Your landscape designer can help you figure out how and where this space will work best. You can make the area completely from plants, include a small water feature, and even add an arbor to provide partial shade overhead and enhance the feeling of seclusion. Just remember to think small and cozy as that’s a big part of what makes this retreat feel so special.
Introducing Soothing Sounds
Neutralizing the effects of distant noise or the voices of your neighbors is key to a proper backyard sanctuary, and that’s where properly sized water features can help. Water features can contribute to the tranquility of your outdoor space by offering a soothing sound that neutralizes distant sounds. The key is to scale the size of your water feature to your space.
A landscape designer can help you figure out the appropriate level of sound. The loudness level and tone are controlled by balancing the volume of water running through the system with the distance that it drops before landing in a pool or hard surface (the farther the waterfalls, the louder the splash sound). You can think of this adjustment as a form of “tuning” the sound so it fits the setting.
As water features go, a garden fountain can be particularly effective in a smaller backyard. Garden fountains are less labor-intensive to construct than even small waterfalls or ponds. They offer a comparatively straightforward way to introduce soothing sounds of tranquility into your backyard environment.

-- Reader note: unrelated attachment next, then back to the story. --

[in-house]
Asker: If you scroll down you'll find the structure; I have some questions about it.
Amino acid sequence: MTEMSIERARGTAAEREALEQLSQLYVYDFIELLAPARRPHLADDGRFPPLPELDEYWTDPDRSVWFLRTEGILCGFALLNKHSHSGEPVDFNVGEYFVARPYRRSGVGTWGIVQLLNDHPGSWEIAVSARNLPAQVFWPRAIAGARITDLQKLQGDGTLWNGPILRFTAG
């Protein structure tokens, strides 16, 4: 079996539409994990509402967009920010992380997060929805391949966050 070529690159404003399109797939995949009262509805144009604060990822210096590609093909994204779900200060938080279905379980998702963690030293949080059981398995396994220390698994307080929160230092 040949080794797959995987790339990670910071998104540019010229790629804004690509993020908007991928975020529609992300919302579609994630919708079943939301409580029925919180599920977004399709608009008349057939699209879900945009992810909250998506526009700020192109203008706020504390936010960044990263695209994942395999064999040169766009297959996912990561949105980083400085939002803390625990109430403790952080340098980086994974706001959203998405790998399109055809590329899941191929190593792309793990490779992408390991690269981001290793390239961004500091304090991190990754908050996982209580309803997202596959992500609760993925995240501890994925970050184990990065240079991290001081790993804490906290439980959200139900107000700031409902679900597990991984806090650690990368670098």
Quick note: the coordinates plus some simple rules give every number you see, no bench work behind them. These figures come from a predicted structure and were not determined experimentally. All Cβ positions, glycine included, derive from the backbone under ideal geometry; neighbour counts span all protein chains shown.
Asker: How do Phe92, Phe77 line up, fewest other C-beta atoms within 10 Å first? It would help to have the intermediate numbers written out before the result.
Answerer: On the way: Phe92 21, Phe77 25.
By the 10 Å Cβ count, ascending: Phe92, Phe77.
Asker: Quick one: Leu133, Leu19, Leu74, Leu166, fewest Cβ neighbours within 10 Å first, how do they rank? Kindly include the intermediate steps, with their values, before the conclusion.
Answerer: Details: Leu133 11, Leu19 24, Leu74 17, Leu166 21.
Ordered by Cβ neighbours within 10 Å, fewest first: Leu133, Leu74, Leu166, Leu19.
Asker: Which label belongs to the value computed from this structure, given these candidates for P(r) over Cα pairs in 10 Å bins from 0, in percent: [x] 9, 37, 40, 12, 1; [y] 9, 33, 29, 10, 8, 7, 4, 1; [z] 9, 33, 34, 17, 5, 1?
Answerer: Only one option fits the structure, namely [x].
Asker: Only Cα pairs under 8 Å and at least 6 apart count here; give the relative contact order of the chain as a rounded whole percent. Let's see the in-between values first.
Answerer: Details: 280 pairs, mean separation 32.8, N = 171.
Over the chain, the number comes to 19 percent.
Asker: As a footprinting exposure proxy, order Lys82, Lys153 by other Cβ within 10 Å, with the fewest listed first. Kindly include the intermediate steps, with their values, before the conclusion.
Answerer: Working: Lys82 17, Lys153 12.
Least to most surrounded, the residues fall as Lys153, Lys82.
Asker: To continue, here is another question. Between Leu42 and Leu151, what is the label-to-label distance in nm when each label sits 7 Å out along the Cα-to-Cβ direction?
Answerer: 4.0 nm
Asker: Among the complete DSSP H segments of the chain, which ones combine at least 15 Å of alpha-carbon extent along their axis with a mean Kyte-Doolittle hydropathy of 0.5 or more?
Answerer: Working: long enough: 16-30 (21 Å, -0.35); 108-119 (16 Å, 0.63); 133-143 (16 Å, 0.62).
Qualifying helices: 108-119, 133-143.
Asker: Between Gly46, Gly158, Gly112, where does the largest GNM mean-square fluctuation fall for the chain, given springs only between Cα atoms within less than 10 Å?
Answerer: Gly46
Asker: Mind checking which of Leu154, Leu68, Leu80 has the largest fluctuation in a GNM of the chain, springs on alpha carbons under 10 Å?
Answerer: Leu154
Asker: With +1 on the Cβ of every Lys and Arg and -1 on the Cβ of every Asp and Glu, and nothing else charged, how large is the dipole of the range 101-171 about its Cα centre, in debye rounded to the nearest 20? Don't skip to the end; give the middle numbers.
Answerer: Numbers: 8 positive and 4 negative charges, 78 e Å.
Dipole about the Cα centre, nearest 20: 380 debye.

Planting Mature Shrubs and Trees
When you want privacy, planting large trees and shrubs offers an immediate, though expensive, solution. It means you don’t have to wait for smaller plants to grow to get the sanctuary you desire—you could plant in the morning and have your privacy problem erased by the time you return from work in the afternoon.
A landscape designer can help you think about the total sensory experience you want in your backyard, which requires effective layering and grouping of plantings by size, shape, color, and textural characteristics. When planted correctly, the right shrubs and trees can have an enormous impact on your sense of privacy and seclusion.
Envisioning Your Backyard as a Sanctuary
It’s normal to want privacy in your backyard, whether around your swimming pool, the outdoor kitchen, or dining area—the last thing you want is to feel that neighbors or passersby are staring at you. This desire for privacy can be especially important when a neighbor adds an addition to their house that includes windows or a two-story deck overlooking your yard from above.
The good news is that you don’t have to just accept a lack of privacy. A quality landscape designer can create a total sanctuary experience in your backyard by adding a privacy wall, creating an enclosure, installing water features, or completely modifying your landscape. They’ll know what to do to reorganize your space, using a variety of techniques, to add, restore, or enhance the feeling of privacy in your yard.
If you’ve been thinking about investing in a landscape design project, our eBook: Expert Guide to Planning the Landscape Design of Your Dreams, is full of valuable information to help you get started.